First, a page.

It's Texas I'm not crazy about.
Well...it's fine once you get where you're going. As long as where you're going is in East Texas. I've had lots and lots of fun in Texas. (East Texas, anyway.) It's the getting there that stinks.
Sound like a contradiction in terms? Obviously, you haven't driven across Texas. As we drive and drive and drive and we're still crossing Texas, I imagine I know how Columbus's sailors felt. I feel like eating my shoe. Driving across the length of Texas feels like being becalmed at sea with no land in sight. You know you're moving ... but you don't seem to be getting nearer anything. The scenery is unchanging. There are no mountains by which to measure progress, yet nothing gives even the illusion of impeding progress: there is nothing one has to drive around. There is mostly flat expanse and straight road, to every vanishing point. I keep flashing on scenes from Lawrence of Arabia, particularly the one where Omar Sharif first appears as a speck in the distance, and rides & rides towards the camera but doesn't seem to get any closer.
That's what it's like to travel in Texas. Except no one would make a movie about it.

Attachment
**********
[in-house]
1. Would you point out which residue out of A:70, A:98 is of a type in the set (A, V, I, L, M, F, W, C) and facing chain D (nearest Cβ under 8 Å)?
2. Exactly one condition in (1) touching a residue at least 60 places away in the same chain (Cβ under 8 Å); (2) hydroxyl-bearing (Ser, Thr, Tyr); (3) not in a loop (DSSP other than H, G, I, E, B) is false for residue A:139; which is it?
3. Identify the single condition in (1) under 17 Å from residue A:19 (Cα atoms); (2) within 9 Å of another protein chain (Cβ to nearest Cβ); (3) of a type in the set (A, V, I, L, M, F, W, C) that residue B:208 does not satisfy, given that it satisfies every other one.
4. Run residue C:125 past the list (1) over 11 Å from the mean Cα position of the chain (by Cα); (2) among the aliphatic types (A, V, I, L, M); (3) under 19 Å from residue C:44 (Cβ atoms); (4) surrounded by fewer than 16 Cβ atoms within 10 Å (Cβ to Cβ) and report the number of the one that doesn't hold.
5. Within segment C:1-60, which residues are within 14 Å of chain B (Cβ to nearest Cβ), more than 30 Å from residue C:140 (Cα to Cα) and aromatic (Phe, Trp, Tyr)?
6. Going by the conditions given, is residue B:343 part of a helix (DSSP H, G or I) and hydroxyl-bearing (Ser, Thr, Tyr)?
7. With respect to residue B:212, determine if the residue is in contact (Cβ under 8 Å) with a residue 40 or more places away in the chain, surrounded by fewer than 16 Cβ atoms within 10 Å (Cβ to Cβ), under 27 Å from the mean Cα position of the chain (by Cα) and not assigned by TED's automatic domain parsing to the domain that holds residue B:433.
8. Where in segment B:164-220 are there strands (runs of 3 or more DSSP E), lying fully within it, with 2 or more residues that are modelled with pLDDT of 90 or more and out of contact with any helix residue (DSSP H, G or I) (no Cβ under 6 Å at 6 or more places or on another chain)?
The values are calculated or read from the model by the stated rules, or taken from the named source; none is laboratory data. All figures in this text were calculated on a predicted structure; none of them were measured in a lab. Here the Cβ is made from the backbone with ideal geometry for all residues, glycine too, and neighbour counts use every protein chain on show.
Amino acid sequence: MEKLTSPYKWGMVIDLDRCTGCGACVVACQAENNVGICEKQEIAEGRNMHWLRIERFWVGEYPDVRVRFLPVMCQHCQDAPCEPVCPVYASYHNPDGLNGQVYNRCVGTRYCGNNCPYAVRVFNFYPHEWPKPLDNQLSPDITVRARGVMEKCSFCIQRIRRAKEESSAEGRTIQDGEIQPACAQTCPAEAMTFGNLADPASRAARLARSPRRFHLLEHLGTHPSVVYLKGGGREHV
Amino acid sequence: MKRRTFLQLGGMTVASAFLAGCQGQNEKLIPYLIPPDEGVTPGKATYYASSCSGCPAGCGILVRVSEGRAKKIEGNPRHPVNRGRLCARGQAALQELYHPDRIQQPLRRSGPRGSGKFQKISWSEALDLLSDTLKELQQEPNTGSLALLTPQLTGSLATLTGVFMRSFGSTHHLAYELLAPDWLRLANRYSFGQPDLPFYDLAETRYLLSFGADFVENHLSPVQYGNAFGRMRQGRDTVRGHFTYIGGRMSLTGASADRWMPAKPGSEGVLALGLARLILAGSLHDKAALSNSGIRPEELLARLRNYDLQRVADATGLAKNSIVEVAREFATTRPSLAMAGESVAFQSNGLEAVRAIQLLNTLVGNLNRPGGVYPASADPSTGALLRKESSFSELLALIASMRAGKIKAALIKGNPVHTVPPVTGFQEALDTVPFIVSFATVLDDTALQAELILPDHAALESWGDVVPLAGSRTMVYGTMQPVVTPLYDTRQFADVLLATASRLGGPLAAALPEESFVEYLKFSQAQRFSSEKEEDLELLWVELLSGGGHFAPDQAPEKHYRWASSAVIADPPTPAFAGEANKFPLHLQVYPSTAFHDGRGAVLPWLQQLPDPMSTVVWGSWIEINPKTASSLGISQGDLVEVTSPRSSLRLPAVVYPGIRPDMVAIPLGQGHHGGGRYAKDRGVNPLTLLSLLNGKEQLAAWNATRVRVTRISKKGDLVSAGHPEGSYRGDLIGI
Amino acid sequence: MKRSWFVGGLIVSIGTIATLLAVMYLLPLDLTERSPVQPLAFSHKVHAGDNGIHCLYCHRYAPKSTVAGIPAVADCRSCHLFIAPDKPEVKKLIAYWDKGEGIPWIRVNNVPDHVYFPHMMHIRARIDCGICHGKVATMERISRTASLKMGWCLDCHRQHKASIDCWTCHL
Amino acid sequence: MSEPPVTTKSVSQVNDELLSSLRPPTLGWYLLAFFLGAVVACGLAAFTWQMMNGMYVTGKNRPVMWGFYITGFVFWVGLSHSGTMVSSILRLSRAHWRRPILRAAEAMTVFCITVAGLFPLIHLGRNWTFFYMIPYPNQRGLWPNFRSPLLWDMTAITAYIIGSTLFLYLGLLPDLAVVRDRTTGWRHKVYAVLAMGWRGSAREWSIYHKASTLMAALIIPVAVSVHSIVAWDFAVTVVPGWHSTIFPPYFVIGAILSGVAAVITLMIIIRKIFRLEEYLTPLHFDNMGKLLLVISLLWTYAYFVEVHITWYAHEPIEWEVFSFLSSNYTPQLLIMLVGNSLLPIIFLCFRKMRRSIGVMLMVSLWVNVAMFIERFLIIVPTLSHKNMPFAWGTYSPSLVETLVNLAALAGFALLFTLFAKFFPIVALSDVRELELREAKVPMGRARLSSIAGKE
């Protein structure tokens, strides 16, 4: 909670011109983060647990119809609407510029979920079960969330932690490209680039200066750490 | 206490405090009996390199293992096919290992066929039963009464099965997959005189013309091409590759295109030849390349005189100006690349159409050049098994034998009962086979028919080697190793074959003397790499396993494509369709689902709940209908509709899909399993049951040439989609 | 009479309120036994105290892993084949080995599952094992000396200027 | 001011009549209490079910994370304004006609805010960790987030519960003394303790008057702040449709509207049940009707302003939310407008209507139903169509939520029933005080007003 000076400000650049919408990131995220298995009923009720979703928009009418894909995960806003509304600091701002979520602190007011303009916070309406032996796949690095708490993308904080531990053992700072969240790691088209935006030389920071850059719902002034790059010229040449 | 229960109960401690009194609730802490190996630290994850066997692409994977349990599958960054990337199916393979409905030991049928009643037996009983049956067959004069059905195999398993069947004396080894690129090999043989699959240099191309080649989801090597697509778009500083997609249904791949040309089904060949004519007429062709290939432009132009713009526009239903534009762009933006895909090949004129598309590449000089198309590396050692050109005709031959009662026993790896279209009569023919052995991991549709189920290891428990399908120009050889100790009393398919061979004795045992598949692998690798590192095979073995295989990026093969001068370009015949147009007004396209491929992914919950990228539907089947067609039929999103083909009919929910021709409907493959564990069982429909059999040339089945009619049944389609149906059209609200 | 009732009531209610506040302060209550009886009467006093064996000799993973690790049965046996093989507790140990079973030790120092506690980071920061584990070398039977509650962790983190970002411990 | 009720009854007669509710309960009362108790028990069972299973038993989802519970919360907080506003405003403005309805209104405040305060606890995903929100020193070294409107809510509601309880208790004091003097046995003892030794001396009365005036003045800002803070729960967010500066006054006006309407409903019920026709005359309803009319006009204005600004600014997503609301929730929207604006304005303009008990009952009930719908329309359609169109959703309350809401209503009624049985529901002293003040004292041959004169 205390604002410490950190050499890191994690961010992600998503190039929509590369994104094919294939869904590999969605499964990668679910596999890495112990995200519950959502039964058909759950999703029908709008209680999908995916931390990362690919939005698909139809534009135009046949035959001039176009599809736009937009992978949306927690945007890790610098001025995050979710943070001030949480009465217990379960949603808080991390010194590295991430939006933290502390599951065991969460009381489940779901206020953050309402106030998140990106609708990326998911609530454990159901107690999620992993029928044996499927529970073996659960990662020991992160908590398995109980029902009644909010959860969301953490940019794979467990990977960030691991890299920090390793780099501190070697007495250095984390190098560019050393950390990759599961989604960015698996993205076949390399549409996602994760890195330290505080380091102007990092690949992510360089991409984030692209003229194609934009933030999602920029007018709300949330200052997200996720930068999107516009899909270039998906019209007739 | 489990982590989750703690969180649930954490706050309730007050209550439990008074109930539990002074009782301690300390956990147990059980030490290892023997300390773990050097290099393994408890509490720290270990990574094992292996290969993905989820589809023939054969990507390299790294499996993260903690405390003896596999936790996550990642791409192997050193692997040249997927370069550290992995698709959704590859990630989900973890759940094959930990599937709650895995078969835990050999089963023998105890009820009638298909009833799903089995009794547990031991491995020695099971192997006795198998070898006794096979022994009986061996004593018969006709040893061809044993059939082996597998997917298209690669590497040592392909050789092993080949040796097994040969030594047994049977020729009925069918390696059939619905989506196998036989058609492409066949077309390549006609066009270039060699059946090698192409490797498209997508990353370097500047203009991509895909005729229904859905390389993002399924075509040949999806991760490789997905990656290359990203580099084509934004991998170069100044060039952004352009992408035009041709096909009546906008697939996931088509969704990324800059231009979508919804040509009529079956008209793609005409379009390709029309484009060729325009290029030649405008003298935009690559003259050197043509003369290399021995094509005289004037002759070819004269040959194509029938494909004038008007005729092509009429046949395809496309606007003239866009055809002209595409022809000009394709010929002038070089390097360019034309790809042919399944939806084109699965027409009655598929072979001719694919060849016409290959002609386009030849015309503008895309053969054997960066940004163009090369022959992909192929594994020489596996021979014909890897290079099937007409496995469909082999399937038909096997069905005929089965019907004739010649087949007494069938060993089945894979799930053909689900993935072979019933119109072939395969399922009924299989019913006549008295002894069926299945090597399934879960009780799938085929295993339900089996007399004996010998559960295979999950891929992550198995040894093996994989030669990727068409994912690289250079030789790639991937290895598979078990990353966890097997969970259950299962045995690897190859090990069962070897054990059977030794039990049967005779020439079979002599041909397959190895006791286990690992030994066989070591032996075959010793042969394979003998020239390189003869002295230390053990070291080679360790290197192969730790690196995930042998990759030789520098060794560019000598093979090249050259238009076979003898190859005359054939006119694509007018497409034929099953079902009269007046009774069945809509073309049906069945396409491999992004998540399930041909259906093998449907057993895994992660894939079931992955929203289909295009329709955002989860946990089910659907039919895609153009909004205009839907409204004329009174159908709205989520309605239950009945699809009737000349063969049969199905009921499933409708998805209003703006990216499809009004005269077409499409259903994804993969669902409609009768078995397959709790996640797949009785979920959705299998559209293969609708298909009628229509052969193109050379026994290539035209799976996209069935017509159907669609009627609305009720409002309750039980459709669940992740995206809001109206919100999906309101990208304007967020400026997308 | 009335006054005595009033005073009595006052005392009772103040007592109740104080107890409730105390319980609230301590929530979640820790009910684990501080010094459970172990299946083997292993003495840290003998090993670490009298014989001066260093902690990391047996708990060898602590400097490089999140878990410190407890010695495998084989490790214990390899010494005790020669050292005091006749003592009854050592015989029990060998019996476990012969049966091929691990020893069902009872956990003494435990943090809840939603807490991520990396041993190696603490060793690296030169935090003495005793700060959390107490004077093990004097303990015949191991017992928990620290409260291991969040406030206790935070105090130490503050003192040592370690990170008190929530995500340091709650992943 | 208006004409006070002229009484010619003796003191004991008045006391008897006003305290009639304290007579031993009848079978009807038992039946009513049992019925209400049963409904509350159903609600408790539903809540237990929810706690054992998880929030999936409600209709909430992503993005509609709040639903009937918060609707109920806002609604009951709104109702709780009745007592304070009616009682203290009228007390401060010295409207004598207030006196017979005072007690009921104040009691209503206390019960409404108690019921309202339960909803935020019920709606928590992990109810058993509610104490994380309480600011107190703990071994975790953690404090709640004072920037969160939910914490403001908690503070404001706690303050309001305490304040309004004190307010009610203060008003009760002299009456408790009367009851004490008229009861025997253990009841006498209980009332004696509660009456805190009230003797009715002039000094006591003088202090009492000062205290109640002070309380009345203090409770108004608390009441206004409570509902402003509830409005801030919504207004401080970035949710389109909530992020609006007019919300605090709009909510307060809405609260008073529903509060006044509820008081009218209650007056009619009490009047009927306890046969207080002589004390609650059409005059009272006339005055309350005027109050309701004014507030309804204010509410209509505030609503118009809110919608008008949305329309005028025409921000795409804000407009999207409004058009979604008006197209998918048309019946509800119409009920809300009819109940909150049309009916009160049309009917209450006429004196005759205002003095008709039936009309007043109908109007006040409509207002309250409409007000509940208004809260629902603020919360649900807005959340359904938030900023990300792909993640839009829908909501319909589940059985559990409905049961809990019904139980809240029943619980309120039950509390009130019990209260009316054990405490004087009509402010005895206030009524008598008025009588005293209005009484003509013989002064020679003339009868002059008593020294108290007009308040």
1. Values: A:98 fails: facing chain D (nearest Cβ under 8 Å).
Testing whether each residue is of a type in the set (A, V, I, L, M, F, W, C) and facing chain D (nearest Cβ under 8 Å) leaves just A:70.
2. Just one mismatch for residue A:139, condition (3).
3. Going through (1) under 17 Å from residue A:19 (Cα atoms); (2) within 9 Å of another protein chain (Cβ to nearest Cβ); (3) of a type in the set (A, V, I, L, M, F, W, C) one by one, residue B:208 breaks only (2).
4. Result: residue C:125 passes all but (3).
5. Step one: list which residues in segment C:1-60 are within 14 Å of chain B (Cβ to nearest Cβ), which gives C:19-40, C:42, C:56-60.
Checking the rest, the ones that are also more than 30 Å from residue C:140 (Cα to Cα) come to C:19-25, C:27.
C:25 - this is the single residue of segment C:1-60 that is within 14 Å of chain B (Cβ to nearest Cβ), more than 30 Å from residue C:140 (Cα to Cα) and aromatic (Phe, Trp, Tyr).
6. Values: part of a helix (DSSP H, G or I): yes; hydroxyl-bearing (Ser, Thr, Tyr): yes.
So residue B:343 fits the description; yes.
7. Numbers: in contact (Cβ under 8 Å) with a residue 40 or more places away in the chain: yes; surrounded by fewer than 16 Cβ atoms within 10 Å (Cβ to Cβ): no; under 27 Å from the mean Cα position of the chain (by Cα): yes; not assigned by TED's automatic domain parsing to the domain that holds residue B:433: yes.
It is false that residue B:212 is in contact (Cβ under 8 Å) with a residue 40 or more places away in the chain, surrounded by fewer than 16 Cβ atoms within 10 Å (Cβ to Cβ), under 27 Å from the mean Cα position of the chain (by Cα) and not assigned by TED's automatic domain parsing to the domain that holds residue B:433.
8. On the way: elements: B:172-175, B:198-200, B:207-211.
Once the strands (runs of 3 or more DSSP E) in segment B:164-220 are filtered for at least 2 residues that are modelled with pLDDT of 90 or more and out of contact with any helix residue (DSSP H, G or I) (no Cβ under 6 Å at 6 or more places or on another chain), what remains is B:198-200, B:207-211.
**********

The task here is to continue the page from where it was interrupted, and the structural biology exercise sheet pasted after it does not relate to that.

Driving through Texas makes one wonder what stereotypical "yee-haw"-type Texans are so proud of. Driving through Texas makes one wonder what they'd be like if their state looked like Alaska, instead of like Texas. What's so great about this countryside? Double-wides and oversized machinery? To me it's a whole lotta sky & not much else. I think the signs that say "Welcome to Texas" should say "This is Texas--You're More Than Welcome To It."
It baffles me why anyone settled here in frontier times. Seems like somewhere along the way someone would have told them that if they just kept going west, they'd run smack into some nice beachfront property. I realize people didn't surf back then. But I'm pretty sure that even then water must have had a certain appeal.
To judge by their yards (those beside the highway, anyway), the descendants of those who settled in Central Texas seem to hang onto anything that might come in handy ... someday. The rule seems to be, hoard anything that someone might want to take a picture of ... someday. Who knows--an archaeologist might wander by a couple thousand years from now, and that old tractor seat might make a dandy postcard. Another salient feature of Central Texas is that every town we drive through has prominently displayed signs guiding travellers to their town cemetary. Central Texas may not have much but it does have a whole lot of dead Texans.
But Texas isn't as backwards as some people say. For example, I saw an exit sign for Arnot--not "Ain't," as one might expect. Texans appear to have had a little fun with some of their town names. Maybe they were trying to lure European settlers with town names such as Paris and Rhome. And maybe it worked; it worked with Leif Erickson's whole "Greenland" scam.
Hmmm ... a Viking/Texan connection. Maybe that explains the attraction Texas seems to hold for Wagner. And for a certain crew of Germans....